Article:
What projects have you worked on as an action designer and what were some of the different approaches that you took on each project?
UK: I designed a fight sequence back in 2014 on the TV mini-series “The Hunger Games: Mockingjay – District Voices.” While designing the fight scene for the series an idea I had many years ago of creating my own stunt team came back and so a couple of months later I formed my own team, Stunt Fighting Concept – Umar Khan Stunt Team. We have been fortunate enough after creating our first action design pre-viz (sponsored by Under Armor Germany) to get a lot of calls from producers requesting to make a pre-viz for their upcoming projects. We created two pre-vizes for Joyto Films for their upcoming projects “Killing The Seeds” and “The Master’s Legacy” and successfully locked the position on both as the Stunt Unit, and I’m set to Second Unit Direct/Stunt Coordinate on both projects.
We made another Pre-viz for a project called “The Man From Kathmandu” which my team and I will action design and coordinate on, I will Second Unit Direct and star in that film. We also recently made a pre-viz for Screen Gems that we’ll soon know if we secured the position of creating the action. And currently we’re rehearsing for our upcoming pre-viz for the American remake of “The Raid.”
I start preparing an action design for a certain project by reading the script a couple of times to get familiarized with the storyline and the characters involved in it, then I ask the producers or the director what his/her vision is and what they’re looking to do with the scene and then I’ll start working my way from there creating an action design that fits the script.
From safety to how things appear on camera, what are some of the most important aspects that you need to consider when designing fight sequences on a production?
UK: The general idea of my fight designs is to make it look as authentic as possible but also visually attractive for the audience, along with the unique camera technology that we possess (the only one on the market), the cameraman can approach the performers much closer in order to get the hands on feeling on the actual fight and give the audience almost a third person POV, video game kind of feel to it.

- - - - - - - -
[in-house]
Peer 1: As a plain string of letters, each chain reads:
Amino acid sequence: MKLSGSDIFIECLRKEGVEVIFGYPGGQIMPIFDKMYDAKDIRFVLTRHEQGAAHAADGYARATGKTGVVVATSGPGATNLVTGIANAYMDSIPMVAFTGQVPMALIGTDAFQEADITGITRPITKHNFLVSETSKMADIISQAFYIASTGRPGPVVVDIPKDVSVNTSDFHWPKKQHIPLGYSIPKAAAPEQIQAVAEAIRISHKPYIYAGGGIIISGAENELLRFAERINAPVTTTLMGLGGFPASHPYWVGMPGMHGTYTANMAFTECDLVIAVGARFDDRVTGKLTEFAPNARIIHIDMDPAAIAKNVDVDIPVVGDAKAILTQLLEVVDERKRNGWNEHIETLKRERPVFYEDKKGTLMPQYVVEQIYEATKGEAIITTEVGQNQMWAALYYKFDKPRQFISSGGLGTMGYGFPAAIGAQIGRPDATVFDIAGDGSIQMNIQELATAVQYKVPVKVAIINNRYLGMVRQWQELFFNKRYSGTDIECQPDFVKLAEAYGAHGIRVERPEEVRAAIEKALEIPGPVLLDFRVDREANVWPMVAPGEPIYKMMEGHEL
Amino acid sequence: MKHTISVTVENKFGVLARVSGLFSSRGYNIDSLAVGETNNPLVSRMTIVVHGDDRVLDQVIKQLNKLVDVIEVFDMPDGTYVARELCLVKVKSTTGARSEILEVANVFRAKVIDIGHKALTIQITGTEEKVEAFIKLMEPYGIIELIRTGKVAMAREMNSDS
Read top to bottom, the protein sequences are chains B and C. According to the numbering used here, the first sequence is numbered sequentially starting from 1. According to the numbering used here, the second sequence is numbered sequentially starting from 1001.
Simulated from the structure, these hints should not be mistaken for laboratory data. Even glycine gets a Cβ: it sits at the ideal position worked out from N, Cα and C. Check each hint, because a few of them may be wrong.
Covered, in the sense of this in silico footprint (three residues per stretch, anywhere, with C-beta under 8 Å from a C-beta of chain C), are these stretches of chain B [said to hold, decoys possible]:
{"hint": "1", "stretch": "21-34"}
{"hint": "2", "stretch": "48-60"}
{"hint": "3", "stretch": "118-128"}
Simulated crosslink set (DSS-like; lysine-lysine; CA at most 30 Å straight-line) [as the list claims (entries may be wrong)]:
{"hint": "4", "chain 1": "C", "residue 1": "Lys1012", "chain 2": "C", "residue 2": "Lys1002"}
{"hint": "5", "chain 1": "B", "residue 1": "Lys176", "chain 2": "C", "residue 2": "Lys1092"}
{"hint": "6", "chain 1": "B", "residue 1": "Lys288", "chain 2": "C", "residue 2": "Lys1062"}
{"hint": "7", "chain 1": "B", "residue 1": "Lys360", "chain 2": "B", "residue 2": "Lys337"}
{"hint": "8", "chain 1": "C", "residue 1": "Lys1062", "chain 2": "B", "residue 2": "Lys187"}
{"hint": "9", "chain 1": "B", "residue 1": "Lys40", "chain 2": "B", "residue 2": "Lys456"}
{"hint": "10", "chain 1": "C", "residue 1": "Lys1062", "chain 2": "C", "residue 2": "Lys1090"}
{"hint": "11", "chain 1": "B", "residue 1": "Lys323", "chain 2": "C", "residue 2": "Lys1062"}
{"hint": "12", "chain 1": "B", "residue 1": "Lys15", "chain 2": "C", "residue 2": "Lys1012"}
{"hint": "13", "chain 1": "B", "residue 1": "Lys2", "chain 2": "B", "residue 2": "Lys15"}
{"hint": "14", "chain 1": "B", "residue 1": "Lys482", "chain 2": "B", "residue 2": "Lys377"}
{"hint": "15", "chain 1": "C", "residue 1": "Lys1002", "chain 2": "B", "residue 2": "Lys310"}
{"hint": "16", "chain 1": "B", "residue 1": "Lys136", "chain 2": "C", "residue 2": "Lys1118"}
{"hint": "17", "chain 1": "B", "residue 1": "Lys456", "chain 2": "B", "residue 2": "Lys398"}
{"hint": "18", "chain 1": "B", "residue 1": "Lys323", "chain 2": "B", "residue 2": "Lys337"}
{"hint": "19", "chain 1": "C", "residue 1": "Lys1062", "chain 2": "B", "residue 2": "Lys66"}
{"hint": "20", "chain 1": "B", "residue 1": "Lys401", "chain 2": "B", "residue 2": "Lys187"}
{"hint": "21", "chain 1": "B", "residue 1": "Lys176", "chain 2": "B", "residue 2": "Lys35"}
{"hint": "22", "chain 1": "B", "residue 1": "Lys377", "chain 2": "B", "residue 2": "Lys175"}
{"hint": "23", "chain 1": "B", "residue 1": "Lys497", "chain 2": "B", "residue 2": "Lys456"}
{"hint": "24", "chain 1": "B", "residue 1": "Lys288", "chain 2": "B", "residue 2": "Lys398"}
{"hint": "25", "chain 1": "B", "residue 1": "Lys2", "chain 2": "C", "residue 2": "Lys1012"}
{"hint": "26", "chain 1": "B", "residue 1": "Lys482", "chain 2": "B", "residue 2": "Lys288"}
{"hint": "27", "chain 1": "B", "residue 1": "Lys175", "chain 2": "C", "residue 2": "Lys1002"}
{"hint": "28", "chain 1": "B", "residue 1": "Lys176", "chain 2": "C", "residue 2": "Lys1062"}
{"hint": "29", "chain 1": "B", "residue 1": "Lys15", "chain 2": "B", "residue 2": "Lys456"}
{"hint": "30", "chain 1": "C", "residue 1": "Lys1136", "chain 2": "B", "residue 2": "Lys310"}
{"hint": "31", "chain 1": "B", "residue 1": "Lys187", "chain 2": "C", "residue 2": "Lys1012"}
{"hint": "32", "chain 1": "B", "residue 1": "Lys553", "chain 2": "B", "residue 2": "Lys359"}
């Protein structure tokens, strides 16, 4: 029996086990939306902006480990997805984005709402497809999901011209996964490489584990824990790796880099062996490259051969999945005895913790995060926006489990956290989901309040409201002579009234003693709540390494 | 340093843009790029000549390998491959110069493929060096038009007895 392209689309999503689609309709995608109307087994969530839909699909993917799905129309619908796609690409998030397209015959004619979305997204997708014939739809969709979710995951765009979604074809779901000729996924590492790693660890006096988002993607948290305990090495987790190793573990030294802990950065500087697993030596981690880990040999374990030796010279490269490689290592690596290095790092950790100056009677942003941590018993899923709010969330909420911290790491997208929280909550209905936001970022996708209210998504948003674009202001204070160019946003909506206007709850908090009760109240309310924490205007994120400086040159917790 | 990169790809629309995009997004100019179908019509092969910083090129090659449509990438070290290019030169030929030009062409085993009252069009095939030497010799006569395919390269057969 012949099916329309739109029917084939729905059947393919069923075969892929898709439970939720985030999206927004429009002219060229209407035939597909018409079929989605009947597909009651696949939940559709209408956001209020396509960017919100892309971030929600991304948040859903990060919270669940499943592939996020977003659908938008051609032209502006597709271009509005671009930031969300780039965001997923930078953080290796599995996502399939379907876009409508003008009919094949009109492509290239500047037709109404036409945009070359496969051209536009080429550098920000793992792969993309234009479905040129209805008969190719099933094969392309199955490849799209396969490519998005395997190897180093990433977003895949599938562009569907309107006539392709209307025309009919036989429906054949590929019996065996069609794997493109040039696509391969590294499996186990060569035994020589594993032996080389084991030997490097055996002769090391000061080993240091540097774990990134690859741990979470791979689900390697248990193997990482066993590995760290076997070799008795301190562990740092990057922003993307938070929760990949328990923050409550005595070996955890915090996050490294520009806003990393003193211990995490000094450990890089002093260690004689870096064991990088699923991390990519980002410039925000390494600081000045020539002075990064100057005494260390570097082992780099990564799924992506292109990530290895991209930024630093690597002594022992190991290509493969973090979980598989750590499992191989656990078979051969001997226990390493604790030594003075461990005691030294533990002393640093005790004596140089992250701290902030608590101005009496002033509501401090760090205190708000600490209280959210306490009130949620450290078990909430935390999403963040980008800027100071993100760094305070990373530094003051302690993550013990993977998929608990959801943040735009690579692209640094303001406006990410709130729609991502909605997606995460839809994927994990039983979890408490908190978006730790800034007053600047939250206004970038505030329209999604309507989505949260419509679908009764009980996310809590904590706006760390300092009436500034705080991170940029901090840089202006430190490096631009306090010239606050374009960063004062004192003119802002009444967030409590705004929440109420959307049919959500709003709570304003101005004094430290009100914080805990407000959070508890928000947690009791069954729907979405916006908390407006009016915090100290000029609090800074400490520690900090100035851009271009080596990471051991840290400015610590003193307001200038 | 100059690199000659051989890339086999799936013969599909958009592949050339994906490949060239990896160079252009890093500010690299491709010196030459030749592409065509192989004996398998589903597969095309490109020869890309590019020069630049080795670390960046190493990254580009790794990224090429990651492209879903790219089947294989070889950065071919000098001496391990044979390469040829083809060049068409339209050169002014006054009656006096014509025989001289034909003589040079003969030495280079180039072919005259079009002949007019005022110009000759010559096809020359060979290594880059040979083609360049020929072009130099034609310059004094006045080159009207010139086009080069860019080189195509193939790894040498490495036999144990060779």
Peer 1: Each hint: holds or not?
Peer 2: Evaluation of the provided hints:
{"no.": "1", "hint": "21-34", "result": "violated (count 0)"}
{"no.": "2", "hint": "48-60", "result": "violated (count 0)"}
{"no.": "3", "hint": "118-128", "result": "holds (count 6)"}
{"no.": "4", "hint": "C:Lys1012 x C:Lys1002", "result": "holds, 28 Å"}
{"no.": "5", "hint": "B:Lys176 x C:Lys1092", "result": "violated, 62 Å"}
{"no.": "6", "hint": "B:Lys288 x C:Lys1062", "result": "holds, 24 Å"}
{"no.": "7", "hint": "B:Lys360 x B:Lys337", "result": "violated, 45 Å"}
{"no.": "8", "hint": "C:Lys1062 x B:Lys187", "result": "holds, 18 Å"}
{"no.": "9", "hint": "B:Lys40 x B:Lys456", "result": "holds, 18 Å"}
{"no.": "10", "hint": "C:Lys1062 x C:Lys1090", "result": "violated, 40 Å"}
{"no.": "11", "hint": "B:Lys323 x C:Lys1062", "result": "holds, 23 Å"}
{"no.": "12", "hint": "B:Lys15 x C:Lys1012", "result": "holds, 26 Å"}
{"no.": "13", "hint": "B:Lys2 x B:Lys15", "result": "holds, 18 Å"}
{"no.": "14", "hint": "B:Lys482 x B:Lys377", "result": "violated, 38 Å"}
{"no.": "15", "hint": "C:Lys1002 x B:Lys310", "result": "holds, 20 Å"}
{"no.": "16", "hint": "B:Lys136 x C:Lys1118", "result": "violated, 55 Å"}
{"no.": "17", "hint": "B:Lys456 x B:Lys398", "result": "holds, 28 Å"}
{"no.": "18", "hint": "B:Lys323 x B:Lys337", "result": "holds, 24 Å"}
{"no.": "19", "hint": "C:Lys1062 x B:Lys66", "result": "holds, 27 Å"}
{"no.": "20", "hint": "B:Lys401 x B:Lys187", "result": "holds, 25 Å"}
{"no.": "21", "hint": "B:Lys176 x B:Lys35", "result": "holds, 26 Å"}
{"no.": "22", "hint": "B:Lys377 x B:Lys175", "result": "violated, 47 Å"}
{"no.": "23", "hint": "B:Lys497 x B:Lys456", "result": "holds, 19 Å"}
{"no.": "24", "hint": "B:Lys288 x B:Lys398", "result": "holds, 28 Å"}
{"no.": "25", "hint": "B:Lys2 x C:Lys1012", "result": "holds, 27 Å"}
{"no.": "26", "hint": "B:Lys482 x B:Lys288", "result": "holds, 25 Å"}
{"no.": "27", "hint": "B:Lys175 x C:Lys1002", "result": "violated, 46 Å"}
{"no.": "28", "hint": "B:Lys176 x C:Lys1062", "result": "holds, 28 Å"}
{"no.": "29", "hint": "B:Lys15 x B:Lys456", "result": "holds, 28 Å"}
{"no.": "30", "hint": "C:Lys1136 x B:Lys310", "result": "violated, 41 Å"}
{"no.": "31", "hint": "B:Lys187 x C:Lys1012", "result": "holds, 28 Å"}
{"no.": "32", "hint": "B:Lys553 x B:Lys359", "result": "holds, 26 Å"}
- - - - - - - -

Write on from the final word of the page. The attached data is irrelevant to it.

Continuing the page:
With this system in use comes a lot of other responsibilities to keep in mind. Not only safety for the performers but also safety for the camera man who is now one more “performer” in the mix and automatically becomes a safety priority. The fight sequences I design are meant to look very authentic due to the actual physical contact me and my teammates are inflicting upon each other, it’s not something I recommend; my team consists of guys that have fought professionally or are highly trained in various areas of the stunt business and are used to the physical contact as myself. We train the same way real fighters do, with sparring sessions combined with our choreography training to have the best of both worlds and adapt fast.
The second thing is the environment and the props. Basically we use props that look authentic and can simulate the real thing, just like in any of the props on set, we utilize them when we need but as little as possible since one of the main features of the camera technology we use is to capture the action scenes in “one shot.” We are limited when it comes to cuts between scenes so it requires a lot more from the performers to stay in shape, being well rehearsed and being sharp to prevent unaccommodated injuries to themselves or their fellow partners.
What is this new unique camera technology that your team uses?
UK: It’s basically something that we refer to as a “Semi-drone.” We believe that our concept will revolutionize how filmmakers capture movie fights and overall action scenes in the future. The reason being is that our system freely captures the fights and action in a video game style look by utilizing the DP as a part of the movement within the scene along with the performers and having a second camera operator moving the camera through a monitor for a more up-close and detailed view of the action, this way it won’t leave a single part of the move out for the audience to feel, you get the best of both worlds, the sense of POV along with the interactive part of 3D which makes it feel like you are a part of the action. It’s a pretty advanced technology that we are happy to bring to the big screen soon.